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Suzanne Lynch’s US election diary: Can Trump win second term?

Polls show incumbent winning ground in Iowa but behind in Florida, Pennsylvania, Arizona and Wisconsin

Can Donald Trump do it? Could he win a second term in the White House? Those questions are gripping Washington DC on the eve of the election. Four years ago, Donald Trump defied election predictions and won the presidency by forging a path through the once Democrat stronghold of the rustbelt.  This year, polls have Biden ahead in the mid-west states that Trump won last time, but can they be trusted?

Polling analysis website Fivethirtyeight gives Trump a one in ten chance of winning. They point out that this time around polls should be more accurate – polling companies have adjusted their model to take account of education level for example.  Further, this year given the polarised political climate, there are fewer undecided voters. Coupled with the massive early-voting turnout, this leaves less room for a last-minute tilt to Trump as transpired in 2016.

Nonetheless, there were some encouraging signs for Republicans this weekend. The respected Des Moines Register/Selzer poll released Saturday night put Trump seven points ahead in Iowa. Yes, the state is Republican-leaning – but Biden was tied with Trump in the same poll as recently as September, suggesting the Democrat has lost significant ground. Of more concern to Democrats is that this is the same poll that had Trump ahead four years ago, foreshadowing a broader mid-western surge for Trump. Elsewhere though the news was more positive for Democrats. The final New York Times-Siena College sets of polls put Biden comfortably ahead in Florida, Pennsylvania, Arizona and Wisconsin. In particular, Biden is leading by 11 points in Wisconsin, according to the poll, an estimate that seems to chime with last week’s surprise ABC-Washington Post estimate giving a 17 point lead in the state.

Voter enthusiasm

Democrats are also confident that voter enthusiasm in Georgia and Texas will translate into wins in these southern states – should either flip, it would mark a seismic shift in the political landscape, and spell almost certain victory for Biden.


But comments from Trump last night renewed concerns on the eve of the election that the president may not accept the results of the election. Speaking as he arrived at a rally in North Carolina, Mr Trump threatened legal action. “As soon as the election is over – we’re going in with our lawyers,” he declared. “I don’t think it’s fair that we have to wait a long period of time after the election,” he continued, referring to the fact that many states may not announce a final election result as they will not begin counting absentee ballots until Wednesday in some cases.

The claim by Trump that votes counted after election day are in some way illegitimate has been gathering steam for months, prompting concerns that the president may not accept the result of the election. Axios reported that the president has privately said he will publicly announce victory if he appears to be "ahead" on election night, though Trump denied this yesterday.  As I outline in this weekend's Irish Times, the battle over the counting of votes may only begin on election night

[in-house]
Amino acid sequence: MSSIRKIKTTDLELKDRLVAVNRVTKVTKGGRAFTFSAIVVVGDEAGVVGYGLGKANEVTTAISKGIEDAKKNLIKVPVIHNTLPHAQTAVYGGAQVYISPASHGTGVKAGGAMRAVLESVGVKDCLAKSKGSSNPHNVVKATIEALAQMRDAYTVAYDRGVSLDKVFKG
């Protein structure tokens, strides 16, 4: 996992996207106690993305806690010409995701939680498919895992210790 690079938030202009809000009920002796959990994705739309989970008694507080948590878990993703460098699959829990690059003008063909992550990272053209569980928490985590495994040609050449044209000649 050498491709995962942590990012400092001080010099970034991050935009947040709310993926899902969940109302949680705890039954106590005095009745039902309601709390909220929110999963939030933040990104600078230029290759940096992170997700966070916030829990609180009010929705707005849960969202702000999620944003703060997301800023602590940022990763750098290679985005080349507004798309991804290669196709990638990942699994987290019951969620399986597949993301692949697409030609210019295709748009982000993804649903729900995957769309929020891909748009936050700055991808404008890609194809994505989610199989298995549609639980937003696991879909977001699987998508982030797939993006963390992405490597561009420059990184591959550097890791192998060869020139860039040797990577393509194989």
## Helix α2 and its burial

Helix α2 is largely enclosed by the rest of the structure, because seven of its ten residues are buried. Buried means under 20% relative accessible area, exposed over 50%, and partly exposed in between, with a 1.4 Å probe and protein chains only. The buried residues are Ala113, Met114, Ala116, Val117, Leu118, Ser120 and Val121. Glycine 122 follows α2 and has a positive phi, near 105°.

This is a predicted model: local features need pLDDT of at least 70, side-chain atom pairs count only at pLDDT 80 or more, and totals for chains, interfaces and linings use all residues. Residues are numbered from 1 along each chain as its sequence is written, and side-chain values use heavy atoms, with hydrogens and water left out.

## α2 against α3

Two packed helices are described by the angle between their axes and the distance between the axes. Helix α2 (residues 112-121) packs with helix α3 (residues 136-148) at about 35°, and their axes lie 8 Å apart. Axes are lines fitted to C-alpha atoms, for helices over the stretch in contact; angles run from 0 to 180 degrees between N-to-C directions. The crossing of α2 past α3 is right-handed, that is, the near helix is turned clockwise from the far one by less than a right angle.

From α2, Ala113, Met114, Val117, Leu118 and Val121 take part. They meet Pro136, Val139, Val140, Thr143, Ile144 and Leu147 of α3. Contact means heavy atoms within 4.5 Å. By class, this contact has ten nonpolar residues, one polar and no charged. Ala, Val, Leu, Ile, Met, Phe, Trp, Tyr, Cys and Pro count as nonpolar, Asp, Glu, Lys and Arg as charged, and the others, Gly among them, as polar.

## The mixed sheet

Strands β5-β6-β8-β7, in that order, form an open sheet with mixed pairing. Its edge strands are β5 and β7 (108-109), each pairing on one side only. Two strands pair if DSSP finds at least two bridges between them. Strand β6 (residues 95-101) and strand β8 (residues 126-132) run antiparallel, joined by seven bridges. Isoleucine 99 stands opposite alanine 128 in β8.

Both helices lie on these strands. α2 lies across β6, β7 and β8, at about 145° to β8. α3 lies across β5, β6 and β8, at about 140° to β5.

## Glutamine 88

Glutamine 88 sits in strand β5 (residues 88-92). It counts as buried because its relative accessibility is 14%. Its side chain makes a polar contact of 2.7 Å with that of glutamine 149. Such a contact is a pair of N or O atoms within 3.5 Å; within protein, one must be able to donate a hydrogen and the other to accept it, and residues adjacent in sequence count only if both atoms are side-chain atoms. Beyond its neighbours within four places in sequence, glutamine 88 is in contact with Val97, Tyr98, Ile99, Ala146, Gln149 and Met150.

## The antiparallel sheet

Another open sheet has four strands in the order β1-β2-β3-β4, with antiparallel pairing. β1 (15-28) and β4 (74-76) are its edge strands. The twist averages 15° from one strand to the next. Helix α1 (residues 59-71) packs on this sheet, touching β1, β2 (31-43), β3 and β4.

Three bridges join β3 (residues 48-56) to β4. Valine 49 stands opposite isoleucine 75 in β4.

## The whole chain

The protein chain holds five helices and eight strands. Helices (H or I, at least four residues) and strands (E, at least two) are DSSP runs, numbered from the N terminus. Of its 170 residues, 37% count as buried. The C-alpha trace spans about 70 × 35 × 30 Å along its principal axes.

Quote of the Day:

"Does he have nothing else to worry about? Did no one come to his birthday party when he was a kid? Was he traumatized?" former President Barack Obama on Donald Trump's obsession with crowd sizes.

On the Campaign Trail:

US president Trump will hold five rallies across four different states today in a bid to shore-up last minute support for his presidential candidacy. He will visit North Carolina, Wisconsin and Pennsylvania, before finishing up with a late-night rally in Grand Rapids, Michigan – the location for his final campaign event of 2016.

Meanwhile, Joe Biden will be joined by Lady Gaga at a campaign event in Pennsylvania, while also squeezing in a visit to Cleveland Ohio. Singer John Legend will campaign with Kamala Harris in Philadelphia, part of an eve-of-election blitz by the Biden campaign in Pennsylvania. Vice-president Mike Pence will campaign in Pennsylvania.

Trump's adult children will continue their intrepid campaigning for their father. Donald Trump junior will be in Arizona, Ivanka Trump will campaign in Michigan and Iowa, while the president's daughter-in-law Lara Trump is holding several campaign events in Florida.

Former president Barack Obama will continue campaigning on behalf of Biden who served as his vice-president for eight years. He will visit Atlanta, Georgia before travelling on to Florida.

Recommended Reads:

I look at which senate races to watch on Tuesday as Democrats seek to win control of the chamber. Politico on how Trump could win the election: "Everything would have to break exactly right for Donald Trump to win reelection. But the recipe for an upset is there." My weekend report from Philadelphia as Pennsylvania emerges as a key battleground state in this election. Here's Axios' story on how Trump plans to prematurely claim victory if he is seen to be "ahead" on election night.Cliff Taylor on what a Biden presidency would mean economically – and for Ireland.

Sign up to get Suzanne Lynch's US Election Diary by email every weekday morning of the campaign here.